The Qajar Dynasty


The Sovereign: 'Ala Hazrat-i-Aqdas-i-Humayun Shahanshah-i-Iran, i.e. His August and Most Sacred Majesty the King of Kings of Persia, translated as His Imperial Majesty the Shah (or Emperor) of Iran.*
The first lady in the realm: 'Aliya Hazrat Mahd-i-'Aliya, i.e. the Sublime Cradle, rendered as Her Majesty the Queen Mother**.
The consort of the Sovereign: 'Aliya Hazrat Malika (given name or personal title, if any), i.e. Her Sublime Majesty, Queen ..., rendered as Her Majesty, Queen.
The Heir Apparent: Vala Hazrat-i-Humayun Vali Ahad, Shahzada (given name) Mirza, i.e His August Imperial Highness the Heir Apparent, Prince …
Sons of a Sovereign: Hazrat-i-Vala Aqdas Shahzada (given name) Mirza, (personal title, if any), i.e. His Imperial Highness Prince ...
Daughters of a Sovereign: Hazrat-i-'Aliya A'aliya Shahzadi (given name) Khanum, (personal title, if any), i.e. Her Imperial Highness Princess ...
Grandsons of a Sovereign in the male line, being sons of those holding the rank of Imperial Highness: Hazrat-i-Aqdas Shahzada (given name) Mirza, (personal title, if any), i.e. His Royal Highness Prince ...
Granddaughters of a Sovereign in the male line, being daughters of those holding the rank of Imperial Highness: Hazrat-i-'Aliya Aqdas Shahzadi (given name) Khanum, (personal title, if any), i.e. Her Royal Highness Princess ...
Other male descendants of a Sovereign, being the sons of those holding the rank of Royal Highness and their male descendants, in the male line: Hazrat-i-Vala Shahzada (given name) Mirza, (personal title, if any), i.e. His Highness Prince ...
Other female descendants of a Sovereign in the male line, being the daughters of those holding the rank of Royal Highness and their male descendants: Hazrat-i-'Aliya Shahzadi (given name) Khanum, (personal title, if any), i.e. Her Highness Princess ...

* the Imperial style was a diplomatic concession to the rulers of Persia by Turkey and the European powers, during the early years of the nineteenth century. This was partly the result of Napoleonic flattery and partly out of a sence of equality with the Emperor of Russia and the Sultan of Turkey. Until then, the usual translation of the title was "King". The actual translation of Emperor is Padshah, rather than Shahanshah. The latter translates literally as King of Kings and sits uncomfortably within the European pantheon. The last, forming yet another reason for the concession.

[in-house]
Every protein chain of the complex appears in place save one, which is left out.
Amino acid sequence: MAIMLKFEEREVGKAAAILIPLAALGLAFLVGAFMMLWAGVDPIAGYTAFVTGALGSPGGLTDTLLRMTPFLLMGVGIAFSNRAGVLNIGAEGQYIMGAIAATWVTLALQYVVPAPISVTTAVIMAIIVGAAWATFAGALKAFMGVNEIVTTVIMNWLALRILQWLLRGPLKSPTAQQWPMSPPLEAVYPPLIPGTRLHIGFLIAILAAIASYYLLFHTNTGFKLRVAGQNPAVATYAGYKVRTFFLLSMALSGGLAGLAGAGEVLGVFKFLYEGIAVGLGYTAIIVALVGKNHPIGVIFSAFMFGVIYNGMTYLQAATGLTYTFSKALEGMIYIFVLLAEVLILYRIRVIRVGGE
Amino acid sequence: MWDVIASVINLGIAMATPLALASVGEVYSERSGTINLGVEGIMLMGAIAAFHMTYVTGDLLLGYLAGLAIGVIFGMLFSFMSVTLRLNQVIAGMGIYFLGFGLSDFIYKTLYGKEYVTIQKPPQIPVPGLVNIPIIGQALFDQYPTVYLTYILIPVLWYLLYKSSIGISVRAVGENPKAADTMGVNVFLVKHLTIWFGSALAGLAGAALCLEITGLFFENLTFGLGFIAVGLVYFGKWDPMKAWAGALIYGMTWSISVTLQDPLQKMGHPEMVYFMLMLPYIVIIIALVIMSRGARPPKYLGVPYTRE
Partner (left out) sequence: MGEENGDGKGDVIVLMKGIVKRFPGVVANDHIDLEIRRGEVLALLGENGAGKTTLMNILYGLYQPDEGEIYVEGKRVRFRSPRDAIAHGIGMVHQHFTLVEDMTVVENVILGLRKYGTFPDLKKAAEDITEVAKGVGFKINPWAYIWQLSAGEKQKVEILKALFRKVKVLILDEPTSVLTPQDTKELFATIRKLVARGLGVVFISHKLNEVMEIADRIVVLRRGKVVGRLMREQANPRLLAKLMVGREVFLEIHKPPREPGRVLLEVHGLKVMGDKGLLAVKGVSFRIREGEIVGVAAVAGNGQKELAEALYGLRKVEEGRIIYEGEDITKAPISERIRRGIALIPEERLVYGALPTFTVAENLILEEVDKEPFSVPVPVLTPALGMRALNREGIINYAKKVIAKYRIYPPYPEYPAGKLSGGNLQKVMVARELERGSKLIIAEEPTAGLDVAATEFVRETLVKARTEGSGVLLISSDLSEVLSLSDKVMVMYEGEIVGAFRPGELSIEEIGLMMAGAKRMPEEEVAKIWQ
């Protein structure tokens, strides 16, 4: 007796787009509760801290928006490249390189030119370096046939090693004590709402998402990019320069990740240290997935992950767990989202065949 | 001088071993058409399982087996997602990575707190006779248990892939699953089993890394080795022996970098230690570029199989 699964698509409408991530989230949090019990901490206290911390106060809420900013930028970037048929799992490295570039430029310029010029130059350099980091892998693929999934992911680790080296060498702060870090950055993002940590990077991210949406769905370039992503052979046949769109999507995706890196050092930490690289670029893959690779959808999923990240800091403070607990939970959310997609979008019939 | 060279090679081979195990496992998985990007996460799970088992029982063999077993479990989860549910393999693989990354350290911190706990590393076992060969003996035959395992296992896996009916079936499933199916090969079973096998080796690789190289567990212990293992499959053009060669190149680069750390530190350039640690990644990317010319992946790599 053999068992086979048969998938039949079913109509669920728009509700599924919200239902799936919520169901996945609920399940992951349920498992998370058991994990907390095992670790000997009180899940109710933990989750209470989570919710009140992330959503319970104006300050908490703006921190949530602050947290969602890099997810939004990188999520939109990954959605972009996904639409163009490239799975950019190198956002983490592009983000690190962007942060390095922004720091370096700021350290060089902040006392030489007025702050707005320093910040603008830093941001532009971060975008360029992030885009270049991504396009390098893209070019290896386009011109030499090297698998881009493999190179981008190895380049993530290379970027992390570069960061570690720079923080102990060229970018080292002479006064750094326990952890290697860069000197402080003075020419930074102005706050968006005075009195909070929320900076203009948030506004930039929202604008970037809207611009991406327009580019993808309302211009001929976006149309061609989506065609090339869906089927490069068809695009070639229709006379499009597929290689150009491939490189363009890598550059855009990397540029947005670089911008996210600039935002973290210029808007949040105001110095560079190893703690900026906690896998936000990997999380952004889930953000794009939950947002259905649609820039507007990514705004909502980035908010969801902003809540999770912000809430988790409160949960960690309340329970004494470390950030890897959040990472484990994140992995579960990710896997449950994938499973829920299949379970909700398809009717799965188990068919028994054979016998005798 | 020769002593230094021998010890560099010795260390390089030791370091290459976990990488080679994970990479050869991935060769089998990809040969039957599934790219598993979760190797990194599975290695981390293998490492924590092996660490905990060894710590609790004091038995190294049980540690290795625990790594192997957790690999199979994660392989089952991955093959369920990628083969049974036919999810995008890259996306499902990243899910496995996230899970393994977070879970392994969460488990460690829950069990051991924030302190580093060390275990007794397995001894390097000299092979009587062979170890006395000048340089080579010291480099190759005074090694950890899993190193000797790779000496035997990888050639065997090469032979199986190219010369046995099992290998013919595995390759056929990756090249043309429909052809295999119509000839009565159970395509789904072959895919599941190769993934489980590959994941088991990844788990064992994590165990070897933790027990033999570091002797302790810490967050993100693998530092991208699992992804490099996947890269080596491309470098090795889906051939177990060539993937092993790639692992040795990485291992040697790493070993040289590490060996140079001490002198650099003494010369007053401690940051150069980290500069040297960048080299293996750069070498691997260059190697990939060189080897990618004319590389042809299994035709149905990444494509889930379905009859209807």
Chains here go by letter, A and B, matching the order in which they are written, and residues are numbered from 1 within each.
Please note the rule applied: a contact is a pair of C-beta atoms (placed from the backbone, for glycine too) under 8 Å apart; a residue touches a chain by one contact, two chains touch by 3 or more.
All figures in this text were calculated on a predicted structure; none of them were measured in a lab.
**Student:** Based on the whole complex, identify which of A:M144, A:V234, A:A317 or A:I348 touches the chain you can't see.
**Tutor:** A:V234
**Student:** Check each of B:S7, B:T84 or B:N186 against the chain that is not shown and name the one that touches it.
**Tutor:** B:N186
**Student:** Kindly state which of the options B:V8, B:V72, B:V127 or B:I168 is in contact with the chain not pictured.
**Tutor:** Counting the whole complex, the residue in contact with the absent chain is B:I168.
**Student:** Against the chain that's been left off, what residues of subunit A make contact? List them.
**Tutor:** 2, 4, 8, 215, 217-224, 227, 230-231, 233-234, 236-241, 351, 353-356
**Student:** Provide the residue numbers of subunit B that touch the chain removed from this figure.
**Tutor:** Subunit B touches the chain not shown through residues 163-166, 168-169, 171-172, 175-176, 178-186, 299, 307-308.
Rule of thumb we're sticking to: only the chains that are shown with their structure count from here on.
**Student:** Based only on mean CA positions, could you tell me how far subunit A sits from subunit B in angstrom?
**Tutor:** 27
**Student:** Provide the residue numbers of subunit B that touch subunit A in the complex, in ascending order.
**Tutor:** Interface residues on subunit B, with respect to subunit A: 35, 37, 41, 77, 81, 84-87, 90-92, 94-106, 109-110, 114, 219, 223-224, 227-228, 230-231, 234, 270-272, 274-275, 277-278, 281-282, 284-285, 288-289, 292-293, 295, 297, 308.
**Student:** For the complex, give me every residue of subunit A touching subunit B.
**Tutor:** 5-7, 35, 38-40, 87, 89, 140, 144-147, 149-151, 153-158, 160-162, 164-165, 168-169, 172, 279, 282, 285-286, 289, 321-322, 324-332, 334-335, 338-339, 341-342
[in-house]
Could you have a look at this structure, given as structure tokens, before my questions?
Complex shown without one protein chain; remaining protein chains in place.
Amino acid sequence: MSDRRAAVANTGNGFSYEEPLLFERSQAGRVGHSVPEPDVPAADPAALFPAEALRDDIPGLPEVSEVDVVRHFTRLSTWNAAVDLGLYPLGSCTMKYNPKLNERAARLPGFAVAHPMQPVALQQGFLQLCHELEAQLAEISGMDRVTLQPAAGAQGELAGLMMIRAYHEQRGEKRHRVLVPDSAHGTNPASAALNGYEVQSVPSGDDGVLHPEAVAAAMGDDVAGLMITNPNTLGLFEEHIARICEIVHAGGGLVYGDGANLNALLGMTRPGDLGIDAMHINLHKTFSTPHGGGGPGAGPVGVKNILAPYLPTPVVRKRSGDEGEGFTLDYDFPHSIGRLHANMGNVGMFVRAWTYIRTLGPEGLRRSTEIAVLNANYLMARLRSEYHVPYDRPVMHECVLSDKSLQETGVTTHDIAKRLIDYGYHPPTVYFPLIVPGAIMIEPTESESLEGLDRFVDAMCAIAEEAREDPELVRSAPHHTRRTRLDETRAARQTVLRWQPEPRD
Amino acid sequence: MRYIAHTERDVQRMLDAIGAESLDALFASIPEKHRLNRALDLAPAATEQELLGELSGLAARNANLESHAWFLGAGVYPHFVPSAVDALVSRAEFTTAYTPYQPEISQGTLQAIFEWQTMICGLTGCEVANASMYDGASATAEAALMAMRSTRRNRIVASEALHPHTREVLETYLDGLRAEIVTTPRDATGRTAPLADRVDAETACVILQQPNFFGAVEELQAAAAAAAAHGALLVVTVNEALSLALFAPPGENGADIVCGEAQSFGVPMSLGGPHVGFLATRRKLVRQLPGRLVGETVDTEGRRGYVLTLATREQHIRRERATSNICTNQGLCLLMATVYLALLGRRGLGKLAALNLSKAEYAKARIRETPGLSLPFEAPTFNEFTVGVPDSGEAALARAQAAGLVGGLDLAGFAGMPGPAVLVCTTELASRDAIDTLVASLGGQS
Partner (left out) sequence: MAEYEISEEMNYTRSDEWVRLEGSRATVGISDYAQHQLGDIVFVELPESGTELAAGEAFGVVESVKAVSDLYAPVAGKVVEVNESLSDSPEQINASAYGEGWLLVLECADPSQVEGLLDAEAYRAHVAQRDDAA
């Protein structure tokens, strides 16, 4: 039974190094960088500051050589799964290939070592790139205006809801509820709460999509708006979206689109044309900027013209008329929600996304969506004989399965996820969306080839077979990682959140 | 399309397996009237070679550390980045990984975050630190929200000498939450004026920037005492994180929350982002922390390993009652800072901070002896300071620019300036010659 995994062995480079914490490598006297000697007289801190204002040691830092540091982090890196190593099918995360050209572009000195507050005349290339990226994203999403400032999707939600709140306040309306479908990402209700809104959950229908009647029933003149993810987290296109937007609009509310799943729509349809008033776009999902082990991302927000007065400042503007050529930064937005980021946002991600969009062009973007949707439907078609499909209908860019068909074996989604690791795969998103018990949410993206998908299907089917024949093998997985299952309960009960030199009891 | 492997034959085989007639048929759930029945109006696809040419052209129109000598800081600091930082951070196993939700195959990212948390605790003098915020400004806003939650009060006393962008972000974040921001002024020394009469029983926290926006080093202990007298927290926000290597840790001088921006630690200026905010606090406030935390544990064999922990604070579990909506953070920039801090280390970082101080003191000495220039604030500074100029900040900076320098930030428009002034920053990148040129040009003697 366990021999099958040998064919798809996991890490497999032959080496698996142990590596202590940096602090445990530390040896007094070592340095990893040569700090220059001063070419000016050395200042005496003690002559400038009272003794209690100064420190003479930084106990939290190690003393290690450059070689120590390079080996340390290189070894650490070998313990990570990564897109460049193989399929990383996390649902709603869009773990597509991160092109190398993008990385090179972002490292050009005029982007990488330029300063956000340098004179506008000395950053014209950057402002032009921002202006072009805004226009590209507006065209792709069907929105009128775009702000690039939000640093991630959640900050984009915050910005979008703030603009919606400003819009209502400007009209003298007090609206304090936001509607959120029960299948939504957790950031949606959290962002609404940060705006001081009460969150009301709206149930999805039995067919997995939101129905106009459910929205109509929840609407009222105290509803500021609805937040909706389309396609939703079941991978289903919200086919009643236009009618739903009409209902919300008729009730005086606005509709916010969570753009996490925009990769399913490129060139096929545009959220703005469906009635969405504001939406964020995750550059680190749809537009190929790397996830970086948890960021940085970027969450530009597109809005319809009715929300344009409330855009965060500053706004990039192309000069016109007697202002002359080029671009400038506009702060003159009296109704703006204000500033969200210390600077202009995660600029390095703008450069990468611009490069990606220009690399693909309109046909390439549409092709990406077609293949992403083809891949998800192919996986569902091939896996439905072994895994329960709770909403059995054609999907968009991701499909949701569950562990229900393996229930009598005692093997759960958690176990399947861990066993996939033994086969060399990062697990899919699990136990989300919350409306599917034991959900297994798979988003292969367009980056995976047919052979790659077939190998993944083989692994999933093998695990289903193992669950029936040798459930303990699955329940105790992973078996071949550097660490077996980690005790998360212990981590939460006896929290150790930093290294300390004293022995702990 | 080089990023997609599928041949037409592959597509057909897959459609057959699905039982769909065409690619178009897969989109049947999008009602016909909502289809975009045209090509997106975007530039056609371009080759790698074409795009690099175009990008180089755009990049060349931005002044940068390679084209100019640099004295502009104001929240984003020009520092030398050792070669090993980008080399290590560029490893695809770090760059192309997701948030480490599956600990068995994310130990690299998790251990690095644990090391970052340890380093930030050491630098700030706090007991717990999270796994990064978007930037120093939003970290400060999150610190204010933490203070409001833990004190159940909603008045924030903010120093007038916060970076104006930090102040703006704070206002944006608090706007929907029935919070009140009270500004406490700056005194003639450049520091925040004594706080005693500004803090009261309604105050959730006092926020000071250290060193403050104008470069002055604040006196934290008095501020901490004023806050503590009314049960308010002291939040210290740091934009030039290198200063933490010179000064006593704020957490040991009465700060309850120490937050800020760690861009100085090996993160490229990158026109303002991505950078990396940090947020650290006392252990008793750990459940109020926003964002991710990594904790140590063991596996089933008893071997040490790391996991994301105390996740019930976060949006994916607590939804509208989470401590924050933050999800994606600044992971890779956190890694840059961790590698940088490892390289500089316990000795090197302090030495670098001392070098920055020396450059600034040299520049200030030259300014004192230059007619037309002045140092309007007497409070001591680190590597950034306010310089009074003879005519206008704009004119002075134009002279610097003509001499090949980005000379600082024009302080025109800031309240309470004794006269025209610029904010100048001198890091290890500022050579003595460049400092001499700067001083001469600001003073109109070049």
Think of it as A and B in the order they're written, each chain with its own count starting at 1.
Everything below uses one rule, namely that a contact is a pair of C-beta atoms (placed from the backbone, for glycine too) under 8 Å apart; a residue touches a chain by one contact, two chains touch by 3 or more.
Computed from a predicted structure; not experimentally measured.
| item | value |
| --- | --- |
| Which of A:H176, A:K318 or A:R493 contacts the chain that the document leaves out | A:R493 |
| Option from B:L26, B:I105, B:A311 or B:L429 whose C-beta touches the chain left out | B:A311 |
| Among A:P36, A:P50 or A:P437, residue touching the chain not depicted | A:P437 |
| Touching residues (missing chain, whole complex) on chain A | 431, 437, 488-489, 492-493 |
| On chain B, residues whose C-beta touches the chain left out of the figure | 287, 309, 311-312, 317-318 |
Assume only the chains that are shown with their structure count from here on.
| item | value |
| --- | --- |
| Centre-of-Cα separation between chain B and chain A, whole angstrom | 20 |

**the title of Mahd-i-'Aliya (sublime cradle), often translated as Queen Mother, was accorded only to the principal lady in the land. This was generally the mother of the Shah (Madr-i-Shah), whether or not her husband had enjoyed sovereignty himself. However, the title could also be conferred on the Shah's principal aghdi (permanent wife), or on the mother of the Heir Apparent. There was no title equivalent to Empress during the Qajar period.

In common with most Muslim states, Persia did not have a system of hereditary nobility on the European model. Instead, those of high birth, holding high office, distinction or state servants, received individual titles of honour for life. Nevertheless, a tradition of bestowing the same title on several successive generations of the same family, in either the patrilineal or matrilineal lines, became established by the second quarter of the nineteenth century.

The titles of honour were often poetic and lofty epithets of a descriptive nature intended to flatter the recipient or extol his achievements, e.g. Arfa ud-Daula (the high, sublime, or most eminent of the state), or Hishmat ul-Mulk (magnificence of the kingdom). The major titles can be easily identified by the six suffixes attached to them: ud-Daula (of the state), ul-Mamaluk (of the kingdoms), ul-Mulk (of the kingdom), us-Sultan (of the King), us-Sultana (of the realm), us-Sultanat (of the realms), and i-Humayun (of the Emperor). Titles with the suffix ul-Islam were usually bestowed on distingusihed religious figures; those with ul-Tujjar on merchants, men of commerce and the guilds; those with ul-Shu'ara' on poets and literary figures. Titles with the prefix Amir-i or Sardar-i were usually bestowed on senior military officers, commanders of irregular forces or great provincial and tribal leaders. Some of the more important epithets may be found in the glossary.

Precedence at court, outside the Imperial Family, largely depended on the holding of public office. There were seven such ranks by the end of the nineteenth century. These were, in descending order of importance:
1) Nawab - princes.
2) Shakhs-i-Awwal - the 'first person in the state' (usually, but not necessarily the Prime Minister) and those enjoying the style of Ashraf-i-Janab (Serene Highness), the Prime Minister and former Prime Ministers.
3) Janab - those enjoying the style of 'Excellency', high ranking clergy, Grand Ministers of State, Governors-General of major provinces, the Commander-in-Chief of the Army, etc.
4) Amir/Khan - commanders of armed forces, provincial tribal leaders.
5) 'Ali Jah Muqarrab - high ranking military officers (Generals) and civil servants (mustowfiyan-i-izam).
6) 'Ali Jah - Colonels in the army and middle ranking civil servants (kalantars and kadkudas).
7) 'Ali Sha'an - Captains and Lieutenants in the army, and lower level civil servants, including secretaries and accountants.
8) 'Ali Qadir - masters of guilds, etc.



Copyright© Christopher Buyers, August 2000 - February 2009